Davie delivers first LNG fueled ferry built in North AmericaWritten by Nick Blenkey
AUGUST 16, 2018 — Recently delivered to Canada’s Société des traversiers du Québec (STQ) by Davie Shipbuilding, Lévis, Québec, the 92 m MV Armand-Imbeau II is the first LNG fueled ferry to be built in North America. The ferry will operate on the Saguenay river on the Tadoussac–Baie-Sainte-Catherine route. It is capable of carrying more than 430 passengers and 110 cars or 16 tractor units and has an icebreaking capability, enabling it to operate year round on the St. Lawrence river
The vessel is fitted with a broad scope of Wärtsilä solutions and Wärtsilä says that its vast experience and capabilities in delivering a fully integrated system comprising the dual-fuel engines, the fuel storage, control and supply system, and extended project management, was the key factor in the award of the contract. Wärtsilä had earlier supplied the dual-fuel engines and LNGPac system for MV F.-A.-Gauthier, the first LNG fueled ferry owned by STQ. It was built in Italy and delivered in 2015.
By operating the vessel on clean burning LNG fuel, STQ – Québec Province ferries operator – will minimize the environmental impact of its operations. The decision is also in line with the Québec’s Maritime Strategy, which seeks to protect the integrity of the province’s river and marine ecosystem.
The full scope of Wärtsilä’s supply comprises four Wärtsilä 20DF dual-fuel engines, the Wärtsilä LNGPac fuel storage, control and supply system, an Integrated Automation System (IAS), the Power Management System (PMS), the electric drive system, the Wärtsilä communication and control center, on-site management and project integration engineering.
“This delivery marks a shipbuilding milestone as it is the first LNG fueled ferry ever built in North America. We are very proud to have succeeded with this project, and we thank Wärtsilä for its excellent support in making it possible,” said Jared Newcombe, Chief Executive Officer, Chantier Davie Canada Inc.
“While a handful of these new LNG-powered ferries have been built in Europe, they have often been fraught with problems after they entered service,” said James Davies, President of Davie. “We are very proud to have delivered the highest quality product which has now passed all testing with flying colors and we have done it at an internationally competitive price.”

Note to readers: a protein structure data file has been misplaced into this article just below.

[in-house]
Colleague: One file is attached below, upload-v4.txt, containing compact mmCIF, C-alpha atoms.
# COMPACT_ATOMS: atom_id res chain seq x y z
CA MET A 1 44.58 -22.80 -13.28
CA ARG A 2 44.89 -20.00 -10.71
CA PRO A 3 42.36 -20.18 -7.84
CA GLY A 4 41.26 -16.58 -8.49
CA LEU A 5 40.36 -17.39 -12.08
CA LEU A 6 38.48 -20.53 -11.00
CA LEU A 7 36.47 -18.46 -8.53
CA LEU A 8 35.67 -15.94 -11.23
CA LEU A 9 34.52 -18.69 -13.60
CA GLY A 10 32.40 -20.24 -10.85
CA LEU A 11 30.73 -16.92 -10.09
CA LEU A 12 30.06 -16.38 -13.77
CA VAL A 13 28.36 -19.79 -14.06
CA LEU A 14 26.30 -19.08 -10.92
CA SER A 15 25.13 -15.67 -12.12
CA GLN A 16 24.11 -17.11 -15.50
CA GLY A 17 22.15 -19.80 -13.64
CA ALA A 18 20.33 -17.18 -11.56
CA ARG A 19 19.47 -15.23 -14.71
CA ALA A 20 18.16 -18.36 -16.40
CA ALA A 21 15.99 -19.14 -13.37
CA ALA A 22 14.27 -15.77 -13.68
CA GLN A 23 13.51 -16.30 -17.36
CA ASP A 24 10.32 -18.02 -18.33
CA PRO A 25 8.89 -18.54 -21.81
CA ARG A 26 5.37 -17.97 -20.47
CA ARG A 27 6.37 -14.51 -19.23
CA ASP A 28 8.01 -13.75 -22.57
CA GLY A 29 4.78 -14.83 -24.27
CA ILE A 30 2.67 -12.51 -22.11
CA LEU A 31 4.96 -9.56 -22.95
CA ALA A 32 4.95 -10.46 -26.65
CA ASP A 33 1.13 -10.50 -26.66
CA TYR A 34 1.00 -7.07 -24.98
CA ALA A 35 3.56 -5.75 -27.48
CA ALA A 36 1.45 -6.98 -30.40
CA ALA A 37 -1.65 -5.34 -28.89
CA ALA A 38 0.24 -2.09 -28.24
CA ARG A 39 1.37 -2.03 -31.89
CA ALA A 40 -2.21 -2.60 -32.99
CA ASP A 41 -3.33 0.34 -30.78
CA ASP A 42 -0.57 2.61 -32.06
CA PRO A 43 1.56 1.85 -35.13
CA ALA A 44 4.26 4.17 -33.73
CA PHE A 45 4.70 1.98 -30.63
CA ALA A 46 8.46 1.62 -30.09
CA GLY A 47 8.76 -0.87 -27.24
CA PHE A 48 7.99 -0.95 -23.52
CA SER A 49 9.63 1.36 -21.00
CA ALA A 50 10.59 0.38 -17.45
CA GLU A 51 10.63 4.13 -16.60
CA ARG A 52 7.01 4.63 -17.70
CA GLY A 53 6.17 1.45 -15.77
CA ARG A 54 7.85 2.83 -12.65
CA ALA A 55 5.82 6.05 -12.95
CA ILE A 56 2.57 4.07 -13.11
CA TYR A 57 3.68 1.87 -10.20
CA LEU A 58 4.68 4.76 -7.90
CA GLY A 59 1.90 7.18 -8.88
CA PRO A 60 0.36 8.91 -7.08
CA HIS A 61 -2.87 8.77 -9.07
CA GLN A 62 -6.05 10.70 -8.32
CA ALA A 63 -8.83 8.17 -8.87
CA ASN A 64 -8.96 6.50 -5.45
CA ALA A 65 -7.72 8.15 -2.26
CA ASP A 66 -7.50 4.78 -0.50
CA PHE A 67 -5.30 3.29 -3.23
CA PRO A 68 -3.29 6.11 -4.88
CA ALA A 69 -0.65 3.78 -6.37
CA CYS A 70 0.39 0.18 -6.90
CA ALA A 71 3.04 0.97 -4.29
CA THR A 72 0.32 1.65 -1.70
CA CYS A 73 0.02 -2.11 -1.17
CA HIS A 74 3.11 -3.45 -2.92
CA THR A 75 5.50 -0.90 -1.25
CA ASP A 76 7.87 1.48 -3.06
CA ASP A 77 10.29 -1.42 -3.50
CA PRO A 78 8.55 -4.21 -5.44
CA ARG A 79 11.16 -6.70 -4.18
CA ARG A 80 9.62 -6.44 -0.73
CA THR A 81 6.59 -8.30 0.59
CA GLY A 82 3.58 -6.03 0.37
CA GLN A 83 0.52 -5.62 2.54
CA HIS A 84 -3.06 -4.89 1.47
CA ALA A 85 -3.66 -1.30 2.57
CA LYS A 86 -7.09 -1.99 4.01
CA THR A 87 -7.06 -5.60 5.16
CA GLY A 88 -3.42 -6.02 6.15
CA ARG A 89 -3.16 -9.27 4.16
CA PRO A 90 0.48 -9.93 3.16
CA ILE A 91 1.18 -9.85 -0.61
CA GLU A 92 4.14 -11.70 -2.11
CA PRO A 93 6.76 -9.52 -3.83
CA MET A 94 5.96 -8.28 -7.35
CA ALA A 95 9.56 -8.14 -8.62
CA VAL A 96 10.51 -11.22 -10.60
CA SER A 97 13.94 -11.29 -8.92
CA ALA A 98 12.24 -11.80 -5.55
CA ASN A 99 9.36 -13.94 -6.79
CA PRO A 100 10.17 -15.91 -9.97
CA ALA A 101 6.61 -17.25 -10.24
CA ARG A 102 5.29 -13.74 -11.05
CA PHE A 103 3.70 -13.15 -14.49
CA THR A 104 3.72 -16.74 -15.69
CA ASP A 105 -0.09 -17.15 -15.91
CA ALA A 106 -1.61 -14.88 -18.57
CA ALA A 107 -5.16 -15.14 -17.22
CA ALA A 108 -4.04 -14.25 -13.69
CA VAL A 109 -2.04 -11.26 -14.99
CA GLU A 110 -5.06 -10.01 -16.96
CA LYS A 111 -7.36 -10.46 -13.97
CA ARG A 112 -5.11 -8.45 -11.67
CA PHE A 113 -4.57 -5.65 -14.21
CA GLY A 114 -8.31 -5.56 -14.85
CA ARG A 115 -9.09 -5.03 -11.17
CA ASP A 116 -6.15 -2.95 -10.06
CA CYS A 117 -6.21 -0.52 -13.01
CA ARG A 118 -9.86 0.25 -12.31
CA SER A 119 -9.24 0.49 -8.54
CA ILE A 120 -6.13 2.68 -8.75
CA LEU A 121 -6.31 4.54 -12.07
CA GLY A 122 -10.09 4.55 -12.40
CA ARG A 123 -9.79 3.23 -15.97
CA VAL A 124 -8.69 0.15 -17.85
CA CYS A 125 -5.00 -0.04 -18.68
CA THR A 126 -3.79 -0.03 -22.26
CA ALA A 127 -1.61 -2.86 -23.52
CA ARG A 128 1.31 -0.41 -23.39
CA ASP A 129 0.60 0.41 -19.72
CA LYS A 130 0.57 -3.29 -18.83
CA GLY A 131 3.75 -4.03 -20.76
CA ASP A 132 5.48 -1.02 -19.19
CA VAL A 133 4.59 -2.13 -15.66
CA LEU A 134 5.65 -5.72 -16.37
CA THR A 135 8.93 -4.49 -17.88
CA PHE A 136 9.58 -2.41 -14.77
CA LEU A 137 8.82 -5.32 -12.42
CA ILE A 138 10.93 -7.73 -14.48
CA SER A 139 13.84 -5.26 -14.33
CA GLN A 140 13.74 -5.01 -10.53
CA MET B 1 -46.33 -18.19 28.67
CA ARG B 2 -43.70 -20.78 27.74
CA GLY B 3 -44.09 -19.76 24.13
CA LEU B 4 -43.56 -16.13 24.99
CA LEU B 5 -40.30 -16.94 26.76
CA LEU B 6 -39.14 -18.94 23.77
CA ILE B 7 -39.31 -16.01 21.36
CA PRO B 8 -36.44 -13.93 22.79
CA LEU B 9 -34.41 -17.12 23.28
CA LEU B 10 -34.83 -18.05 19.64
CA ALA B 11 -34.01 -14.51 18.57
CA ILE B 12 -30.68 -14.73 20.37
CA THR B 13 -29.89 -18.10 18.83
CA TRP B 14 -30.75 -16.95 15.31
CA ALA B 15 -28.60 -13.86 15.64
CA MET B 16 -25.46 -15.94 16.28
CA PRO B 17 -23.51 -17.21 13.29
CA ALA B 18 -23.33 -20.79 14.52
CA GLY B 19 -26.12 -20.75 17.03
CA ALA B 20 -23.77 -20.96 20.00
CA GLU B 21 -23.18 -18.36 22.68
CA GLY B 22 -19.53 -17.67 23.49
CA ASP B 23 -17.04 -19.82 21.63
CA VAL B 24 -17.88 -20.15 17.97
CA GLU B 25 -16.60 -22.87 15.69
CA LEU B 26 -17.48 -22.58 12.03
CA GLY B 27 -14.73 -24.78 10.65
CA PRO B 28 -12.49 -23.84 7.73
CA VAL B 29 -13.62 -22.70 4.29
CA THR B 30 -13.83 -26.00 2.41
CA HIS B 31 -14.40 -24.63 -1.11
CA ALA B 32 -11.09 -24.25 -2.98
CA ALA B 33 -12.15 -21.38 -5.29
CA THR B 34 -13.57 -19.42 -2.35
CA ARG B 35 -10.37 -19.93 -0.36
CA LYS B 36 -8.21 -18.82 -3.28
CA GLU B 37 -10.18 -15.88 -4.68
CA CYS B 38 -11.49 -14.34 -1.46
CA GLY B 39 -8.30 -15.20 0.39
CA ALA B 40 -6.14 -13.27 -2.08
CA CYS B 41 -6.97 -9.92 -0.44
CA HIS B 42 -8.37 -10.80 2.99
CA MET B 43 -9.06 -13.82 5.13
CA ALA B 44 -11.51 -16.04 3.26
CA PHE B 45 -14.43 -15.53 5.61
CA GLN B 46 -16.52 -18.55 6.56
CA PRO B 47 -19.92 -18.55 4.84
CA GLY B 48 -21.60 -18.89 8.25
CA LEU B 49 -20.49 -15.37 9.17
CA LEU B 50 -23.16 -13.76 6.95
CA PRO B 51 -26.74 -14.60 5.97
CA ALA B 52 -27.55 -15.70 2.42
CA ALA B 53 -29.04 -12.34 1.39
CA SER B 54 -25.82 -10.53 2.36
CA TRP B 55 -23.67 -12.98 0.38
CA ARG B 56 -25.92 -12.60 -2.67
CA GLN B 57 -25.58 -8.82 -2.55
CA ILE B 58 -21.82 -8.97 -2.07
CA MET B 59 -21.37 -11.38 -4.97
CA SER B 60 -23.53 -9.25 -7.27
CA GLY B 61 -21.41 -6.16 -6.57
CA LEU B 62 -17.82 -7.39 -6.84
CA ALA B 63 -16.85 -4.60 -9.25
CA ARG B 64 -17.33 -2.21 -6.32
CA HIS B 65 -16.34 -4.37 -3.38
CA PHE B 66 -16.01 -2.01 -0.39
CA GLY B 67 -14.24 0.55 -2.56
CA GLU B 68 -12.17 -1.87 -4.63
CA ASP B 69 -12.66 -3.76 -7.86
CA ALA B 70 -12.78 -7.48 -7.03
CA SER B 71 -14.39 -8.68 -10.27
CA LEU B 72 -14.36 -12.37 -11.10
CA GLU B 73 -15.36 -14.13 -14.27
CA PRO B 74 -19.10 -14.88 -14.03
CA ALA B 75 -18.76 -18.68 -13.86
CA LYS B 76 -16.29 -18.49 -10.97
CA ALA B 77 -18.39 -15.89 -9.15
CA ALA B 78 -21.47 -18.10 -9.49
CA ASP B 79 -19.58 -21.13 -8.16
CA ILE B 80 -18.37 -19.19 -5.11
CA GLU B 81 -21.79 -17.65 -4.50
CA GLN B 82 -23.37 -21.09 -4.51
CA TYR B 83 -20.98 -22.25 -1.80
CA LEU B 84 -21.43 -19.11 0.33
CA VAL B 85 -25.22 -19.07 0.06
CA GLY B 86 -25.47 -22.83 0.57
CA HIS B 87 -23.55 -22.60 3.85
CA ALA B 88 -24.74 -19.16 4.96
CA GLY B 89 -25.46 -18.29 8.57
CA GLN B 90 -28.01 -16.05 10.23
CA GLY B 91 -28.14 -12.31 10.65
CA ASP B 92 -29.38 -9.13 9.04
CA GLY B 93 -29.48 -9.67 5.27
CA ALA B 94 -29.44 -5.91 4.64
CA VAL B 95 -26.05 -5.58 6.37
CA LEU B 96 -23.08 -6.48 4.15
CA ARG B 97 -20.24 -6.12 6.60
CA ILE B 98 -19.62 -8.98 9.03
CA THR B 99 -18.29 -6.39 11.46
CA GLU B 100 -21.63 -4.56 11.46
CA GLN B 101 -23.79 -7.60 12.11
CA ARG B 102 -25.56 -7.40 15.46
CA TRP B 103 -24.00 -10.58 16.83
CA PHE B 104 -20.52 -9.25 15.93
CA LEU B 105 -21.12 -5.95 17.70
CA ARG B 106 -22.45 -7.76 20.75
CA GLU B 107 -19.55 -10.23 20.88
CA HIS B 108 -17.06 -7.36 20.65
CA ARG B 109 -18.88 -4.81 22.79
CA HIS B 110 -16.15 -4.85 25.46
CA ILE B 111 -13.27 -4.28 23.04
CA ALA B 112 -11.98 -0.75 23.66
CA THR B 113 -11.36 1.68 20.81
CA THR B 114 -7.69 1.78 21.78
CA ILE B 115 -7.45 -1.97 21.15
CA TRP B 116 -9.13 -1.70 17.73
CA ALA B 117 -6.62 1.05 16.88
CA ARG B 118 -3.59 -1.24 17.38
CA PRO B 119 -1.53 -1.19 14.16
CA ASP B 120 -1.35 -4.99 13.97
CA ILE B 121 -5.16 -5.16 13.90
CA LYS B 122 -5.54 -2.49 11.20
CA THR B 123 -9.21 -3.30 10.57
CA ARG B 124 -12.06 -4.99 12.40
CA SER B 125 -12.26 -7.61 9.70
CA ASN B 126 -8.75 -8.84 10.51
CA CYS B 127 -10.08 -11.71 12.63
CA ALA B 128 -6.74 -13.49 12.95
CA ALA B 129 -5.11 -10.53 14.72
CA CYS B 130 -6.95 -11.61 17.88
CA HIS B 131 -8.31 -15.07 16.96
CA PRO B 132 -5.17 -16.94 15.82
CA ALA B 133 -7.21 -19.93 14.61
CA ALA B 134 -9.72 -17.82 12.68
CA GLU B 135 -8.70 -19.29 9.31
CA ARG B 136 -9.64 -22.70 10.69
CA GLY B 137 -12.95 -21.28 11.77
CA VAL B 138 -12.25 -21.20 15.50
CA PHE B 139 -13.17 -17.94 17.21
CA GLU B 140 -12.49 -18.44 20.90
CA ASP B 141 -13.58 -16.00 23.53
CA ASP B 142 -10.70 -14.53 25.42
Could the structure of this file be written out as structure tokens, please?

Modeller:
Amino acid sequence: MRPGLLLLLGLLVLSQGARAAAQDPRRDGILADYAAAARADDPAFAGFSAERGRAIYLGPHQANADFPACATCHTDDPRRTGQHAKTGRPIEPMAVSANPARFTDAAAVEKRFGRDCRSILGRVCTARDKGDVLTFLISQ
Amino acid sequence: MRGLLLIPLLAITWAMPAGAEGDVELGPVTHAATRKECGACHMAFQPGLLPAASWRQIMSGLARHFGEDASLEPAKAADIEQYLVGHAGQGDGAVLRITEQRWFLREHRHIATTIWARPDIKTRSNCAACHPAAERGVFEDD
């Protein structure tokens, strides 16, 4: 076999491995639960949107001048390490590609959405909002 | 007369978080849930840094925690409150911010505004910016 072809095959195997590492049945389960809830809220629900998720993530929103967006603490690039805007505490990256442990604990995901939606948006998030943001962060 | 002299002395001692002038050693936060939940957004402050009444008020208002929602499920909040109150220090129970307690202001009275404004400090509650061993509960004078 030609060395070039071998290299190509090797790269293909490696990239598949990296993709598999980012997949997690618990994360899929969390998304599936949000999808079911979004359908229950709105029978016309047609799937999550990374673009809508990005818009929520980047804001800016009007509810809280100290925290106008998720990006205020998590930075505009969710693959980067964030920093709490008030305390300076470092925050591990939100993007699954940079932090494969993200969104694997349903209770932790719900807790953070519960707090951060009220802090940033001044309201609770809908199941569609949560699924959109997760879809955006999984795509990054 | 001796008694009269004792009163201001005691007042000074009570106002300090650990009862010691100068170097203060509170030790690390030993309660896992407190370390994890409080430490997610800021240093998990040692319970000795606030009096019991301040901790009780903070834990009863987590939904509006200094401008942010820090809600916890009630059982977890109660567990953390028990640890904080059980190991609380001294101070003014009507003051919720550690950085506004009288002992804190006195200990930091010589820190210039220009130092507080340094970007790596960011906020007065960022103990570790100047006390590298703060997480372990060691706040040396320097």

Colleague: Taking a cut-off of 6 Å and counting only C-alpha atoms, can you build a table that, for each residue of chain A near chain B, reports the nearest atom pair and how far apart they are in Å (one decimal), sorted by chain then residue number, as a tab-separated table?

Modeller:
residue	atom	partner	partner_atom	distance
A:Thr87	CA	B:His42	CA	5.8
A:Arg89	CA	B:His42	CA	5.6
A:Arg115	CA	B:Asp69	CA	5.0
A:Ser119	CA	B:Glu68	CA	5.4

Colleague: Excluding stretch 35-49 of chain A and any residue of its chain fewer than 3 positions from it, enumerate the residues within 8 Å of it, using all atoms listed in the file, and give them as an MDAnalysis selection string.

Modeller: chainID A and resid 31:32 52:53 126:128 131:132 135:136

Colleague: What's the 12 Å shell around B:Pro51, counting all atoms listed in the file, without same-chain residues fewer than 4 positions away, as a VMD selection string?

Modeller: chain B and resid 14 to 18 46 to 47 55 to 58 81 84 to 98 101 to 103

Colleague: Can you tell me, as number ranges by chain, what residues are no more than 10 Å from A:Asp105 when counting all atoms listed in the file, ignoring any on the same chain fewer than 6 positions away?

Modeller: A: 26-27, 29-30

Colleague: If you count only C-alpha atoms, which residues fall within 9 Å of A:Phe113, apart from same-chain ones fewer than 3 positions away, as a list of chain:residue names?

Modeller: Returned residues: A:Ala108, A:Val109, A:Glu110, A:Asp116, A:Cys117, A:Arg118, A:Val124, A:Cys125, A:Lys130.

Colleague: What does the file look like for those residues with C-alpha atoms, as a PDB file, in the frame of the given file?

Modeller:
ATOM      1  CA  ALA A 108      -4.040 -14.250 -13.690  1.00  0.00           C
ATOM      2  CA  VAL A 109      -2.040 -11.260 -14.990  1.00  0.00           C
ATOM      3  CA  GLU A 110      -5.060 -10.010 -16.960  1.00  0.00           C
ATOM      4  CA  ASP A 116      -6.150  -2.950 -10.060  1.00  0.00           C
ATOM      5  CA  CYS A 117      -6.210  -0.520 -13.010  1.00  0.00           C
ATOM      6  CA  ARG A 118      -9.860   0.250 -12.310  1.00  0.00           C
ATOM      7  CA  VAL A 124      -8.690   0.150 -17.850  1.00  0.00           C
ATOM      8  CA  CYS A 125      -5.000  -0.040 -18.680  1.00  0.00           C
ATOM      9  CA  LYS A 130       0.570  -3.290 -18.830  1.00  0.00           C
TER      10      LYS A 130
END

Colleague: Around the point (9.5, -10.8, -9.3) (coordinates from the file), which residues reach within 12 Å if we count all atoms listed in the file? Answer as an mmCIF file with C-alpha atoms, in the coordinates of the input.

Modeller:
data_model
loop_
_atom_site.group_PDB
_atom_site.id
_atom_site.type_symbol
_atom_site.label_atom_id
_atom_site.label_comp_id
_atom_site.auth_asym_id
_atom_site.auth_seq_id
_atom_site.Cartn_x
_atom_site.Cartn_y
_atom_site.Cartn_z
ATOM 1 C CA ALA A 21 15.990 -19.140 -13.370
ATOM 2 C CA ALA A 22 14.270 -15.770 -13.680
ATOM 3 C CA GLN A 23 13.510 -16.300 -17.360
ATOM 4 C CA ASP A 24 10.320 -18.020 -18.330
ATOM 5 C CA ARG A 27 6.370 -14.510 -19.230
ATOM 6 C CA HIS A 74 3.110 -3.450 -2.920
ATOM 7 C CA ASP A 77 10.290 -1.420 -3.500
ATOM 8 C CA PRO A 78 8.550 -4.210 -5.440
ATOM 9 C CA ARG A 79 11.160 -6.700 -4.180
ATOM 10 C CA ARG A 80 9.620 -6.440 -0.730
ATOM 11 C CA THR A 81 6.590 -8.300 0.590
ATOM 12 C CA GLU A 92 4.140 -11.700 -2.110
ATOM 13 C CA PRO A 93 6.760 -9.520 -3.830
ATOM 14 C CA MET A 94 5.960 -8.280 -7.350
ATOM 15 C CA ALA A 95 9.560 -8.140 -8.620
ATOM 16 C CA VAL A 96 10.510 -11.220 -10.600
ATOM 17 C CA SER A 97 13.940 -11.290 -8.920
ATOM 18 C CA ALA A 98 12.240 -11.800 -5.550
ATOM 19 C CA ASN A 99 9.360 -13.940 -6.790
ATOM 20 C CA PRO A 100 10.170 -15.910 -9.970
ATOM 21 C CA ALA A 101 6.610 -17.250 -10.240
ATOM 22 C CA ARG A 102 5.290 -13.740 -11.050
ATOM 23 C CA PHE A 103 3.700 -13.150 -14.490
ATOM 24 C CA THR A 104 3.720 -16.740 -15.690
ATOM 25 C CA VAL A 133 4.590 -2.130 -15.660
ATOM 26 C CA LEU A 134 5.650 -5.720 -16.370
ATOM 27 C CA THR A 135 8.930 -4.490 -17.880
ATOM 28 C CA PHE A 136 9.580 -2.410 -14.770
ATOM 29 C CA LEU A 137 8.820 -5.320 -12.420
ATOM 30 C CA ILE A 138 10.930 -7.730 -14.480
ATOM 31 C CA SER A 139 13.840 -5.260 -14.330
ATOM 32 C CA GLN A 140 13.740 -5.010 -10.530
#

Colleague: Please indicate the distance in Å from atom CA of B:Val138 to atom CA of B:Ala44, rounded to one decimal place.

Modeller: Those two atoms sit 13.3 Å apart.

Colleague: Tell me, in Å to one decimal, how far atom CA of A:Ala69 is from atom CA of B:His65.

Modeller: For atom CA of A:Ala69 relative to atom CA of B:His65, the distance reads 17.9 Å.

Ron Pearson, Davie’s VP of engineering added, “From the outside, this ship looks like any other ferry but from the inside, it is of a similar level of complexity to a space shuttle. It is a densely packed, highly integrated and complex product. This ferry has more systems and automation onboard than an offshore drilling platform or a modern warship. It is truly a technological marvel – the cryogenic processes involved in managing this highly volatile fuel, while also creating a vessel which is safe to carry passengers, has been a huge challenge. Integrating all of these systems into such a confined space was even more challenging and one we are very proud to have overcome.”
“Once again, Wärtsilä’s unique ability to act as a single-source provider of products, automated systems, and integrated solutions delivers real value to both the owners and the shipyard,” said Wilco van der Linden, General Manager, Cruise & Ferries, Wärtsilä Marine Solutions. “The depth of our experience in providing LNG solutions is unmatched in the marine industry, and our advanced technologies are designed to overcome the operational cost and regulatory compliance challenges that operators face today,”
“At the Société des traversiers du Québec we are committed to protecting the marine environment in which we operate. For this reason, we were the first ferry operator in Canada to welcome a LNG fueled ferry in 2015, and following this current delivery, we still have a third LNG ferry on order. All of them feature Wärtsilä equipment. Apart from their LNG systems, their technology allows us to operate year round, despite the ice conditions,” said François Bertrand, interim CEO of STQ.
Leave a Reply
You must be logged in to post a comment.